Given Krongard’s lofty intelligence and investment banking positions, there are no reports available dealing with important questions concerning his knowledge about such relevant issues as the disposition of "unclaimed" funds, monitoring of global stock trades for national security purposes, and wealthy "private client" operations -- let alone whether the developing investigation into BT fraud had necessitated his, ”leaving town just ahead of the sheriff,” as it were.
Yet Krongard has since risen to new heights, having received a March 16, 2001 Bush Administration promotion President George W, Bush to Executive Director, the number three position at the intelligence agency.
On August 28, 2001, 14 days before the Trade Center attacks, former Deutschebank senior bond investment trader Kevin Ingram, pled guilty in a $2.2 million dollar money laundering conspiracy, resulting from a government sting operation investigating the illegal sale of night vision goggles, Beretta machine pistols, M-16 machine guns with silencers, rocket-propelled grenade launchers, mortars, surface-to-air missiles (SAMs), TOW anti-tank missiles, and Stinger missiles, according to court papers examined by the New York Post.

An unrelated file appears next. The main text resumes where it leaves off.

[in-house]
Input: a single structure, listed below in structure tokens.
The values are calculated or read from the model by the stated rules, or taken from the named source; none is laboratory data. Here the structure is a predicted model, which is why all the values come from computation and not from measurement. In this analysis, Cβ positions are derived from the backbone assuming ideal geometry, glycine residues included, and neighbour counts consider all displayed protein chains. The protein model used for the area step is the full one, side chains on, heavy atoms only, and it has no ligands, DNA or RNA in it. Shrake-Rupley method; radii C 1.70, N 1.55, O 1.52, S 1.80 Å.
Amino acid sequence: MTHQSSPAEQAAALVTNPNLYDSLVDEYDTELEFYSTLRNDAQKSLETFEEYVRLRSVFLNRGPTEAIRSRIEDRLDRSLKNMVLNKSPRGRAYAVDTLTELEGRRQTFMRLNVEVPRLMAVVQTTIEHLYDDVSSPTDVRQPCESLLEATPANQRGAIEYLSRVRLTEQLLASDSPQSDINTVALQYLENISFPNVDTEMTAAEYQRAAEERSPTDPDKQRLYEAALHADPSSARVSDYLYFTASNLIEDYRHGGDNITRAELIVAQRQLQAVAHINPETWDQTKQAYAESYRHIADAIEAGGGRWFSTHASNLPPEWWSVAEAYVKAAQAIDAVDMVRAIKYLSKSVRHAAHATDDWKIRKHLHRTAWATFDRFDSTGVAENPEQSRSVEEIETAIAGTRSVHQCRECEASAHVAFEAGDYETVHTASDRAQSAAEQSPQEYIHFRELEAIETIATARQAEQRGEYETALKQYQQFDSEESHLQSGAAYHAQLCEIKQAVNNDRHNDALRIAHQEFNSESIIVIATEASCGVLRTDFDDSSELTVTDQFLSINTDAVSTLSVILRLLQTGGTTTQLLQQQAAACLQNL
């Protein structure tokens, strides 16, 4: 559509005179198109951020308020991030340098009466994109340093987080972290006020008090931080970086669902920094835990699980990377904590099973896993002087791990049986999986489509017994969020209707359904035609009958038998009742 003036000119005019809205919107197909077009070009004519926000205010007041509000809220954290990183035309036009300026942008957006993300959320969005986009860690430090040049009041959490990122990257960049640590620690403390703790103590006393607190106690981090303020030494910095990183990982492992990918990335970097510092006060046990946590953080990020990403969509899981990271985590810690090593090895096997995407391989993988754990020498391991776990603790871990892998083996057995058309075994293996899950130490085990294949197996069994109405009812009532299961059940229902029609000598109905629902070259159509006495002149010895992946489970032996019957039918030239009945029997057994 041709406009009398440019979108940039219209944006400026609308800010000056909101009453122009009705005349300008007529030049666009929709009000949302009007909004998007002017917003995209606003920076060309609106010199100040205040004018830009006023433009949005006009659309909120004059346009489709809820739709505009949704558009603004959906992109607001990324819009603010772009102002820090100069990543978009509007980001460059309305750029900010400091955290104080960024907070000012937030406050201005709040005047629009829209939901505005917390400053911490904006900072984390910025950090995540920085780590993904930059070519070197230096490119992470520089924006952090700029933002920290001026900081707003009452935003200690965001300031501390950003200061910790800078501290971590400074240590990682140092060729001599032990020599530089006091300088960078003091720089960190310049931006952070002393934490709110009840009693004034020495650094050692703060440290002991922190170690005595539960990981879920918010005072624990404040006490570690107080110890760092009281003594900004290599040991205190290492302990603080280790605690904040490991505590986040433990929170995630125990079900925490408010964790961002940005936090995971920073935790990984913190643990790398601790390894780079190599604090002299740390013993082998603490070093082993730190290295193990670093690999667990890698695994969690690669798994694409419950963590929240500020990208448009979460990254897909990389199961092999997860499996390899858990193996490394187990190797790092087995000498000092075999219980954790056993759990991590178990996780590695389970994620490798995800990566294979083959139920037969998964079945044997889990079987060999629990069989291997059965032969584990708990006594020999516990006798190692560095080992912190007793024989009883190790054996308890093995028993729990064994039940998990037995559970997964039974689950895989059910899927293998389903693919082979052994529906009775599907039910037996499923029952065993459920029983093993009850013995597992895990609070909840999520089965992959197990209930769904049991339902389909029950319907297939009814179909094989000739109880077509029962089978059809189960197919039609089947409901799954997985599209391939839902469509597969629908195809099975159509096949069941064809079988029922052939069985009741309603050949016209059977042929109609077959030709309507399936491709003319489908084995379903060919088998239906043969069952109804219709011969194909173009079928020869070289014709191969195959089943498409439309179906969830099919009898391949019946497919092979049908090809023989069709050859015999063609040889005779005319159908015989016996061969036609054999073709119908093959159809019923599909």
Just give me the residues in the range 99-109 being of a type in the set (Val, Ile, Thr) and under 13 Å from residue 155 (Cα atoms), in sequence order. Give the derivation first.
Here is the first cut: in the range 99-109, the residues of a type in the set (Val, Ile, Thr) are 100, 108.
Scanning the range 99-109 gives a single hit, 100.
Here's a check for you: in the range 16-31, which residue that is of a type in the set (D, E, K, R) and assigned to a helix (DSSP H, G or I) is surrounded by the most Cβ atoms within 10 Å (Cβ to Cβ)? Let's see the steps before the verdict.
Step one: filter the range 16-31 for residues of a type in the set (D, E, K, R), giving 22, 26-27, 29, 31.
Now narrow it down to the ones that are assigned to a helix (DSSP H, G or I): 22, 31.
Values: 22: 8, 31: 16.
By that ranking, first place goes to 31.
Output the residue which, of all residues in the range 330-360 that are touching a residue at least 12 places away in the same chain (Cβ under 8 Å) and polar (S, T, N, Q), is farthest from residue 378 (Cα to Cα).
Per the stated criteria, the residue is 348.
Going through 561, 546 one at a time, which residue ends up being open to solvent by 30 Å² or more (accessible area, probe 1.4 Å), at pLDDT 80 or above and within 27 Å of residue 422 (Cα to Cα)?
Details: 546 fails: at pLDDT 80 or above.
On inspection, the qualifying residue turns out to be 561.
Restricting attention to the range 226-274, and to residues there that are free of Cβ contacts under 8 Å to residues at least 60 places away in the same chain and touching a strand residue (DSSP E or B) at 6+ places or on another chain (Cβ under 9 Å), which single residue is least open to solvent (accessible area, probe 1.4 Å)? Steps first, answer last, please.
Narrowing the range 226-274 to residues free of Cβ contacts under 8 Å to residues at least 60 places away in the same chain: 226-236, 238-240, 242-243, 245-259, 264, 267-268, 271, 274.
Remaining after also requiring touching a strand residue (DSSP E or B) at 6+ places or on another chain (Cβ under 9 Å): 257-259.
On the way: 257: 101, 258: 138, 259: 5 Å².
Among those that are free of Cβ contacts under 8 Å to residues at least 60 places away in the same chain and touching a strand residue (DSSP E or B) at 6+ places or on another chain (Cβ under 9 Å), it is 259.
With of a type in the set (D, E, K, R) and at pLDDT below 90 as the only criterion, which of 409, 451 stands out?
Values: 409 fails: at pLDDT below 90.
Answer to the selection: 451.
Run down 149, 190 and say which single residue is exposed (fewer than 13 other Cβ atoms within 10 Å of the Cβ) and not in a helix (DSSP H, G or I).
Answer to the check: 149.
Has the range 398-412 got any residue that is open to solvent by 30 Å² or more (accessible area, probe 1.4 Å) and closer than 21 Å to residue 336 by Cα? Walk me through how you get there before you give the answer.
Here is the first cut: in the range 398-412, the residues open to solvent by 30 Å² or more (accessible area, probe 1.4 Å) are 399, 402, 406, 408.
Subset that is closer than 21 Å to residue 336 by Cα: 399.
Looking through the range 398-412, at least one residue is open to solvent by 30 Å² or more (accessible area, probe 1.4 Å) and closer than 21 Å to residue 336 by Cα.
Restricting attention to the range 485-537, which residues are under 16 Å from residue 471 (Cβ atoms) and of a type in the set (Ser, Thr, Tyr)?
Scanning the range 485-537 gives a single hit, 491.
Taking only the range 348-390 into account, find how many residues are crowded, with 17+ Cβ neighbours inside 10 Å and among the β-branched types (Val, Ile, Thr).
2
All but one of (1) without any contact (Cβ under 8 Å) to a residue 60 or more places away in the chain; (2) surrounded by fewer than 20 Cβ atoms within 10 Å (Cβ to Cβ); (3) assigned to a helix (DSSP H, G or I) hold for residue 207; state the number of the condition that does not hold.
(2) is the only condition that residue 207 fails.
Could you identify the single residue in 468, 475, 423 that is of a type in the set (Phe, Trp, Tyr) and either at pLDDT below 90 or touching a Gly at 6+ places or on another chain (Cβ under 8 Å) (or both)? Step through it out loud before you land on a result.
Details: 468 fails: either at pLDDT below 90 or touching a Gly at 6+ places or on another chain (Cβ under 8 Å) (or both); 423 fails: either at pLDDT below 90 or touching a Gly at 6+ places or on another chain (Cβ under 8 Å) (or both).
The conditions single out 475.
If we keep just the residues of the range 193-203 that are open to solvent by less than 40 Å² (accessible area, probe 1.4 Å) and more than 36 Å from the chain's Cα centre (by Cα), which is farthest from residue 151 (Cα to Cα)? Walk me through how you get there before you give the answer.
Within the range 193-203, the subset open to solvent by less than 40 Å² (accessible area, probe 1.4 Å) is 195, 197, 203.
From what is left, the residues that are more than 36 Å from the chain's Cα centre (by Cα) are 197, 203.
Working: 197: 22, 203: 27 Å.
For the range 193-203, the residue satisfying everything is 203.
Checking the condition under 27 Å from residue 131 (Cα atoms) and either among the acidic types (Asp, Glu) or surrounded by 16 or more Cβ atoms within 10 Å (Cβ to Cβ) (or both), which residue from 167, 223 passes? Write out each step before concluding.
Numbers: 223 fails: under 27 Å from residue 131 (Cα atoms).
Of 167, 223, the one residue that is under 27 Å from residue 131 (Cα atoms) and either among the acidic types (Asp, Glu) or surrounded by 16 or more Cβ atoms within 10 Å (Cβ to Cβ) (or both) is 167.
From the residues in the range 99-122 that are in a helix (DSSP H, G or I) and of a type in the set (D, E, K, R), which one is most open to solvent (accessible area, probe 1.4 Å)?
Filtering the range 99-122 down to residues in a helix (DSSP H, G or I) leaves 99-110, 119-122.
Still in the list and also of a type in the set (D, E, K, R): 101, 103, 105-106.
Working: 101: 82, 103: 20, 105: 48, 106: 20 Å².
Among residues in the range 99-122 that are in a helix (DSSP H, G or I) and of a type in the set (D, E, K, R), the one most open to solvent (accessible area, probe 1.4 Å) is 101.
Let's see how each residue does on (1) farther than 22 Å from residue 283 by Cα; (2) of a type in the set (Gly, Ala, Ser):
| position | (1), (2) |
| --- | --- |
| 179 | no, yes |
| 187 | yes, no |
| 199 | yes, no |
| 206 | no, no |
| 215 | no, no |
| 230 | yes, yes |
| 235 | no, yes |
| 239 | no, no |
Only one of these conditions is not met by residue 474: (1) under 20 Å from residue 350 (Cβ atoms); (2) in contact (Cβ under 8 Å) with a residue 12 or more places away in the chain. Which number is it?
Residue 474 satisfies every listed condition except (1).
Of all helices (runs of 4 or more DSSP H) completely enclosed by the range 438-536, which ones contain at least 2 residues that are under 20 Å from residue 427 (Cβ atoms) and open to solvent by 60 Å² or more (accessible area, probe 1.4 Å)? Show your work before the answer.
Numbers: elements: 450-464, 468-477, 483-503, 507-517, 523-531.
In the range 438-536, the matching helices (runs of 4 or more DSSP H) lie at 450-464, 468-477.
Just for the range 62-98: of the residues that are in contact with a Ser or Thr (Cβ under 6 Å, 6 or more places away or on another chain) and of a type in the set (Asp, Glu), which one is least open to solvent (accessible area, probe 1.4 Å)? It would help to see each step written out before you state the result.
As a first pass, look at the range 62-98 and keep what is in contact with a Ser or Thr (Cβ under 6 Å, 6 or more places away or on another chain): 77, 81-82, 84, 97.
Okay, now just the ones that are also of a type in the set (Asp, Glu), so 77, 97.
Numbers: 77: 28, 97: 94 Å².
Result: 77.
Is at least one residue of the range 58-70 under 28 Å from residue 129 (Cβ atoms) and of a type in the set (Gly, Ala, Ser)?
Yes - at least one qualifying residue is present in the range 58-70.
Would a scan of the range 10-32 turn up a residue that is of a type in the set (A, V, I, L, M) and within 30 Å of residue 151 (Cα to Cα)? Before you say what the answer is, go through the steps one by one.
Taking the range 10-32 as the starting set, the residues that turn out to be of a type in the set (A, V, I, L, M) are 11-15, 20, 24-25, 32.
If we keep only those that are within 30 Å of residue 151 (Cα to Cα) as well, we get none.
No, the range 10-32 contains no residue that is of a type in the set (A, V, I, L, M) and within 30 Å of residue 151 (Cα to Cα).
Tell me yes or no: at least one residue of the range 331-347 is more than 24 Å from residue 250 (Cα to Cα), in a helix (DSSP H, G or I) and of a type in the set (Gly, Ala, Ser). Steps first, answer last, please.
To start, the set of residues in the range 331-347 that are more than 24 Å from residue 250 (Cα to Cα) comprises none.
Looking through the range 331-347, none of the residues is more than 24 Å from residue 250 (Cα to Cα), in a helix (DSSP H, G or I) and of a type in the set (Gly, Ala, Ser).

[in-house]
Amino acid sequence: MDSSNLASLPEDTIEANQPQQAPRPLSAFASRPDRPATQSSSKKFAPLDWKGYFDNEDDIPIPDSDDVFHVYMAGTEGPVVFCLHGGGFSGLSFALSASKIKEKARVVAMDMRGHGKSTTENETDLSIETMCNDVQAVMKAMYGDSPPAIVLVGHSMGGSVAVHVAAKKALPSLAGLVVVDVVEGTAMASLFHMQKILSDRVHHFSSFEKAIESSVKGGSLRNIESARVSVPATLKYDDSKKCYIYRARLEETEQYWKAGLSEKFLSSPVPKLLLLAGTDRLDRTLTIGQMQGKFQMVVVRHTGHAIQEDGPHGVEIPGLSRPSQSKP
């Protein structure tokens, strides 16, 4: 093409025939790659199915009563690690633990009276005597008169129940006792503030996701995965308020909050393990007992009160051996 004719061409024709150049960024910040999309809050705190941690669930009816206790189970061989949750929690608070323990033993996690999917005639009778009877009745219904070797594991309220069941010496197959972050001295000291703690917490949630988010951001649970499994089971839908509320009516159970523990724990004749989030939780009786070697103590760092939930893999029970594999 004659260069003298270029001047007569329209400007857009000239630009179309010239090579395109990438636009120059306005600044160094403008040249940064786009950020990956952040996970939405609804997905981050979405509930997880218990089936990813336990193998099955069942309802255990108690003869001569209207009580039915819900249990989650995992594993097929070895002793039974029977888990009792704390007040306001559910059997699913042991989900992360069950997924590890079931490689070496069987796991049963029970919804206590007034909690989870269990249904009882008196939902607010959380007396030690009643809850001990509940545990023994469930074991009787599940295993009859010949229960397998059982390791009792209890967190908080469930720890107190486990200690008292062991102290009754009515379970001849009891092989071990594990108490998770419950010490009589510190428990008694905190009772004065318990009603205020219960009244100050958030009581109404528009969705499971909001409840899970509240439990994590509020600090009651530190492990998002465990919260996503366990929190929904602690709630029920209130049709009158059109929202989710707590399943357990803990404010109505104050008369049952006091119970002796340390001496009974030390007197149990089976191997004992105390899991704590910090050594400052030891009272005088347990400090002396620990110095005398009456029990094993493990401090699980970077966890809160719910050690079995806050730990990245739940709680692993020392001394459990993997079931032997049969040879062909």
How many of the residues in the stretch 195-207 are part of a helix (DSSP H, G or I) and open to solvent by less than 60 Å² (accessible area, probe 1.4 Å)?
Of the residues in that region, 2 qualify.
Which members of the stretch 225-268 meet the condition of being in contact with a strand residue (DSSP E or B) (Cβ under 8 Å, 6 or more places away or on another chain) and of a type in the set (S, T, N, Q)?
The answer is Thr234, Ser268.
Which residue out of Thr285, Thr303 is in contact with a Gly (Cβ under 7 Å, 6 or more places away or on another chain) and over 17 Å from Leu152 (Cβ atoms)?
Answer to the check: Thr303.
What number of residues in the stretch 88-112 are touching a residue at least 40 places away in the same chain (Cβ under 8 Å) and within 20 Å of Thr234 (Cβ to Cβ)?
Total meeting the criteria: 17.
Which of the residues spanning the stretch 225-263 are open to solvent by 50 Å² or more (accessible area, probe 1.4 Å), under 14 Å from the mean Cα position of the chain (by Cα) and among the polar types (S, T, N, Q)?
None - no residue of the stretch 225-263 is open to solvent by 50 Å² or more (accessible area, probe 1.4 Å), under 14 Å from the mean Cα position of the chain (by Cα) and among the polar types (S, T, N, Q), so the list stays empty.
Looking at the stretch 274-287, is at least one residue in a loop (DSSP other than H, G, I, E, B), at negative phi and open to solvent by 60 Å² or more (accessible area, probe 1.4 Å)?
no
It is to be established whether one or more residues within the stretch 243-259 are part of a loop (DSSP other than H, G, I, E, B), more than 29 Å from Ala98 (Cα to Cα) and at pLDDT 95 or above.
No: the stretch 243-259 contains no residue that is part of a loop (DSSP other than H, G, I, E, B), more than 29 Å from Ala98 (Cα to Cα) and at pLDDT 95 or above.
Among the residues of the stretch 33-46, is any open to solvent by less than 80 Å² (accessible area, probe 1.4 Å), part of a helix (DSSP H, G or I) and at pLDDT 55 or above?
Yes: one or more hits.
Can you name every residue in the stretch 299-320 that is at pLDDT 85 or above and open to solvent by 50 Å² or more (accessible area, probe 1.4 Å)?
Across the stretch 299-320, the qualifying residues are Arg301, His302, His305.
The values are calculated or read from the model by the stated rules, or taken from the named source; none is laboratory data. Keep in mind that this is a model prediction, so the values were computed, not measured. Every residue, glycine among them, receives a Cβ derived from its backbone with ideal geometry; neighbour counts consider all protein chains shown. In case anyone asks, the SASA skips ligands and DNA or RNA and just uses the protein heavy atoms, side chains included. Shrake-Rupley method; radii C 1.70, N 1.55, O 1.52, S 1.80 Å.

The next day, Alert Global Media, Inc., publishers of Money Laundering Alert, reported that Ingram "pled guilty on August 28 to money laundering conspiracy as part of an agreement [plea bargain] with the U.S. government, which will drop other charges and receive Ingram’s testimony against two co-defendants from Egypt and Pakistan.” Some published reports say that both of the other defendants were from (current U.S. ally) Pakistan.